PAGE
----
Ah, the Annals. Really the starting point for figuring out Pepin and Charles, when working from the primary sources. Punchy, pithy, and without (much) guile, the Annals are a readable, and even enjoyable, year-by-year chronicle of the doings of the great and the good and the not so good in the Frankish kingdom.
The Annals begin in 741, with, “Charles, mayor of the palace, died,” and that’s it. Which is perhaps the soul of brevity. However there are two versions of the Annals: the original, terser version, and the one called “Revised” by the scholars. The Revised version for 741 goes on to include news about Charles’ three sons, and the beginnings of a fantastic family drama, worthy of Tolstoy, that played out over the next few years. The translations I’ve seen show the original version, and then any emendations by “the Revisor.” The multiple authors of the Annals are unknown, but putting forth candidates and shooting them down seems to be great sport in academia.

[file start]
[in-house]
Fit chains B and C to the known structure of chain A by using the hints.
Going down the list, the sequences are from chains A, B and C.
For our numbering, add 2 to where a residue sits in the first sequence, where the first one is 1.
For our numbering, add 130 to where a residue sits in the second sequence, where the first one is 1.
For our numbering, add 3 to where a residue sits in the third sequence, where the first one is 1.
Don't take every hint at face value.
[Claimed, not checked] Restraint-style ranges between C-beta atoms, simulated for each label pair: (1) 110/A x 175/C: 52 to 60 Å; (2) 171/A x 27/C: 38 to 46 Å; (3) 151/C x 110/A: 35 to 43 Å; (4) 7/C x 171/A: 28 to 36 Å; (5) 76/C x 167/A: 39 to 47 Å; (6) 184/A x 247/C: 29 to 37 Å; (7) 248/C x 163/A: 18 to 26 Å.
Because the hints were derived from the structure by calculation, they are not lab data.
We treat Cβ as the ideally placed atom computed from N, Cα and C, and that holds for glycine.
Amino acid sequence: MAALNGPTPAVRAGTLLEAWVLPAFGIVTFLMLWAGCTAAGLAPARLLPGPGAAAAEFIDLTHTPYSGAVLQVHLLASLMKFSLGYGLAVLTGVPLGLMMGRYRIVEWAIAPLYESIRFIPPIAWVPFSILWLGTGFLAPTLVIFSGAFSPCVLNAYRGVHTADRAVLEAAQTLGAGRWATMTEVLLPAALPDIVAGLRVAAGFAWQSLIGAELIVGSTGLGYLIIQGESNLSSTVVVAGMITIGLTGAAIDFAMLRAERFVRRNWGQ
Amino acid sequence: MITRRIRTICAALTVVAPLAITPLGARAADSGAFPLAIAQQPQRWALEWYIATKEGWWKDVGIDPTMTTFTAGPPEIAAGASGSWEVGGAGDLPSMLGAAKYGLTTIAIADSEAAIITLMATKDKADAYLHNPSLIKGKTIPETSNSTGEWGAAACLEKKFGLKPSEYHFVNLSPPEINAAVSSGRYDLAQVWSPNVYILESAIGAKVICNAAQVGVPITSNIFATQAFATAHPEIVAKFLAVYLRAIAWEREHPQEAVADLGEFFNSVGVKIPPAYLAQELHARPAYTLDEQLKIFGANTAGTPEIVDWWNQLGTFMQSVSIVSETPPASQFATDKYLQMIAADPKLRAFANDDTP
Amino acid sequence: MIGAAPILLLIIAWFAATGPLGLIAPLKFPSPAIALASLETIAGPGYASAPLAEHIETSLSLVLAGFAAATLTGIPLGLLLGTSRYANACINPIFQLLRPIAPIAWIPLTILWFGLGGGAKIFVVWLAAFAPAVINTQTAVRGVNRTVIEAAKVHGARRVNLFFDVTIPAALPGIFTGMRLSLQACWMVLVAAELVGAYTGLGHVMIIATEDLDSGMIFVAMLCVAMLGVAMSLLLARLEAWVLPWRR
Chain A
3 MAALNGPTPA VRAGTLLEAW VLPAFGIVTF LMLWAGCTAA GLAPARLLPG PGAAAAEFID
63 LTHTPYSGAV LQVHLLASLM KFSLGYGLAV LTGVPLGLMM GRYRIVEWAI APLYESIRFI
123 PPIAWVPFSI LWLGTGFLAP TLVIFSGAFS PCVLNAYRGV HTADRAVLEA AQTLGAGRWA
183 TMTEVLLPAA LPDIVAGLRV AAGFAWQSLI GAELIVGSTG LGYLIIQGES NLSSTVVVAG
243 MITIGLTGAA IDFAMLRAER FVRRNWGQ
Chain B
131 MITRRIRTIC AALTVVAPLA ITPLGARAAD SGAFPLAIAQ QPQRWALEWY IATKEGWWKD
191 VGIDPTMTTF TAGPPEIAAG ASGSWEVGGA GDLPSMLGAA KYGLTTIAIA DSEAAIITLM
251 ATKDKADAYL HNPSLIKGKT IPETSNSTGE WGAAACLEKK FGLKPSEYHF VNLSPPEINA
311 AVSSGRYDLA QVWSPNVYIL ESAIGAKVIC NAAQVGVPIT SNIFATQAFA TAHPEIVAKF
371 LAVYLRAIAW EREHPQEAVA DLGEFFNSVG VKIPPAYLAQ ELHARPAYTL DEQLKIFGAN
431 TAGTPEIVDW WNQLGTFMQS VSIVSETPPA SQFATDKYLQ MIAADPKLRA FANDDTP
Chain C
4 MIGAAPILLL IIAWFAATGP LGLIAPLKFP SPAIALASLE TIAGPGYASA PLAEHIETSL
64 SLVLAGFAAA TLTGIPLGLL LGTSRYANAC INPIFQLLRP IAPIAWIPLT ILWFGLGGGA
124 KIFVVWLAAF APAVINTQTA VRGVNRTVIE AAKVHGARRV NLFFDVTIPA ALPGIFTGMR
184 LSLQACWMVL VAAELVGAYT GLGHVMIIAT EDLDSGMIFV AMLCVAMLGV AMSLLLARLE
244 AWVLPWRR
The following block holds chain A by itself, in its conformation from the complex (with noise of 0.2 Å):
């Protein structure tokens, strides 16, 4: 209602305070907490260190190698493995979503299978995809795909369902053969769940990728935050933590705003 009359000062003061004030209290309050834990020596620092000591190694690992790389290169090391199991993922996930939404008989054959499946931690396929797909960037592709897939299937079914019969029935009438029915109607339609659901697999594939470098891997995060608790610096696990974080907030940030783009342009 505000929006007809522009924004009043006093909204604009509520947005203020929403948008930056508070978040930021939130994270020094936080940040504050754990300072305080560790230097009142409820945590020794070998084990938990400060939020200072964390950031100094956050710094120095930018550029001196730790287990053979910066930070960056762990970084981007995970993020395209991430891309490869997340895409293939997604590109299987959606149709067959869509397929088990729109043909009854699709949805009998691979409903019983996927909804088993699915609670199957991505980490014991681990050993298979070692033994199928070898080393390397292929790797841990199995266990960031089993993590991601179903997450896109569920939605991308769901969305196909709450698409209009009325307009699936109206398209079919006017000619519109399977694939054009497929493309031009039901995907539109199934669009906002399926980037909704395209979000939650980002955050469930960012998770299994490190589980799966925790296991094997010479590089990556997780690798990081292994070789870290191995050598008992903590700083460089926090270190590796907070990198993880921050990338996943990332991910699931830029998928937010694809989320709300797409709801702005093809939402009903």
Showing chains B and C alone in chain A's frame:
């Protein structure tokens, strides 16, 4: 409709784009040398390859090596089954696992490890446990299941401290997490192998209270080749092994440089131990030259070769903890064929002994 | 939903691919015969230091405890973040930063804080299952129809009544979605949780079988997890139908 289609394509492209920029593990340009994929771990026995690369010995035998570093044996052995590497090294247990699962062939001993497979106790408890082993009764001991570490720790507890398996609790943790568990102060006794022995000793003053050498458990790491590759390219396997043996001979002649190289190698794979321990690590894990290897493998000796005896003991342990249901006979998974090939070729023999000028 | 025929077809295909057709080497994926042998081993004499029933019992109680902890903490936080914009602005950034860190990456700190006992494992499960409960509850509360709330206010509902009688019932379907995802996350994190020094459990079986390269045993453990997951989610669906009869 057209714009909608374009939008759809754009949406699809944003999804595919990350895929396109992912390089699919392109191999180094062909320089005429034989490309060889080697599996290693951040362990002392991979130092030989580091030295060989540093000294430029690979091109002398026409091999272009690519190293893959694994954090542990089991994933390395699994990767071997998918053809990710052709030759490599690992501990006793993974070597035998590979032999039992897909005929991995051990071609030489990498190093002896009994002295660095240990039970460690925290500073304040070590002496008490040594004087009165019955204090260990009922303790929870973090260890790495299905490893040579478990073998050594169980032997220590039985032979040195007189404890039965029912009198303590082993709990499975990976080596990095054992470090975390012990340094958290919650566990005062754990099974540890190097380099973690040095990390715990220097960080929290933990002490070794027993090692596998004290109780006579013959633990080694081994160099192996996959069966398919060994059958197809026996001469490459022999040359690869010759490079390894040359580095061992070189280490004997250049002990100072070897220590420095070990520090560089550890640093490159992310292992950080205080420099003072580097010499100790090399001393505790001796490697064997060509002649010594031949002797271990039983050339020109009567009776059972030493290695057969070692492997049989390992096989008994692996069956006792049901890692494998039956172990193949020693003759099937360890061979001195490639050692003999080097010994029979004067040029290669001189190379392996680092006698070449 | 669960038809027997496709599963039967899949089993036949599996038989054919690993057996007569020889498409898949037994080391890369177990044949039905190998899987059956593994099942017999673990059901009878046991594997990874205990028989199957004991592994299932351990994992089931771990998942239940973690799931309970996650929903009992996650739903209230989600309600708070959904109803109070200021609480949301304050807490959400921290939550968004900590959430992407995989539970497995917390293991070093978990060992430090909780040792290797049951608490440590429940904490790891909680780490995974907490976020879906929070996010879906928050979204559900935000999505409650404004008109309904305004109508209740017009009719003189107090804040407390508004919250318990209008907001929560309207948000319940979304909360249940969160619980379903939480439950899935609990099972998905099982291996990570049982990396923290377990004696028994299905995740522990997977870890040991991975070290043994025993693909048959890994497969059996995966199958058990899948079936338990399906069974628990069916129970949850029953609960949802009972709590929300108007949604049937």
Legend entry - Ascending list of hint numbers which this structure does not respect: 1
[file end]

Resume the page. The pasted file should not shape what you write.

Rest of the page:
One of the confusions I’ve had with the chronicle is that the new year started at Easter, so “the spring of 778” can be somewhat problematic. But perhaps no worse than modern times – is January part of “the winter of 2014,” or 2015? Anyway, just something to keep in mind if you’re trying to pin down the exact date of some event.
One of my favorite parts of the Annals are the occasional mention of natural (and unnatural) events. In 772 Charles’ army was suffering from thirst, when suddenly “so much water poured forth in a stream that the whole army had enough.” Saxons fled the battlefield stricken with terror in 776 when they “saw the likeness of two shields red with flame wheeling over the church.” Eclipses, famines, and plagues are mentioned.
The most common translation available is by Scholz. The volume includes a good introduction and a half-dozen simple maps, which at least give you some basic idea of the geography under discussion.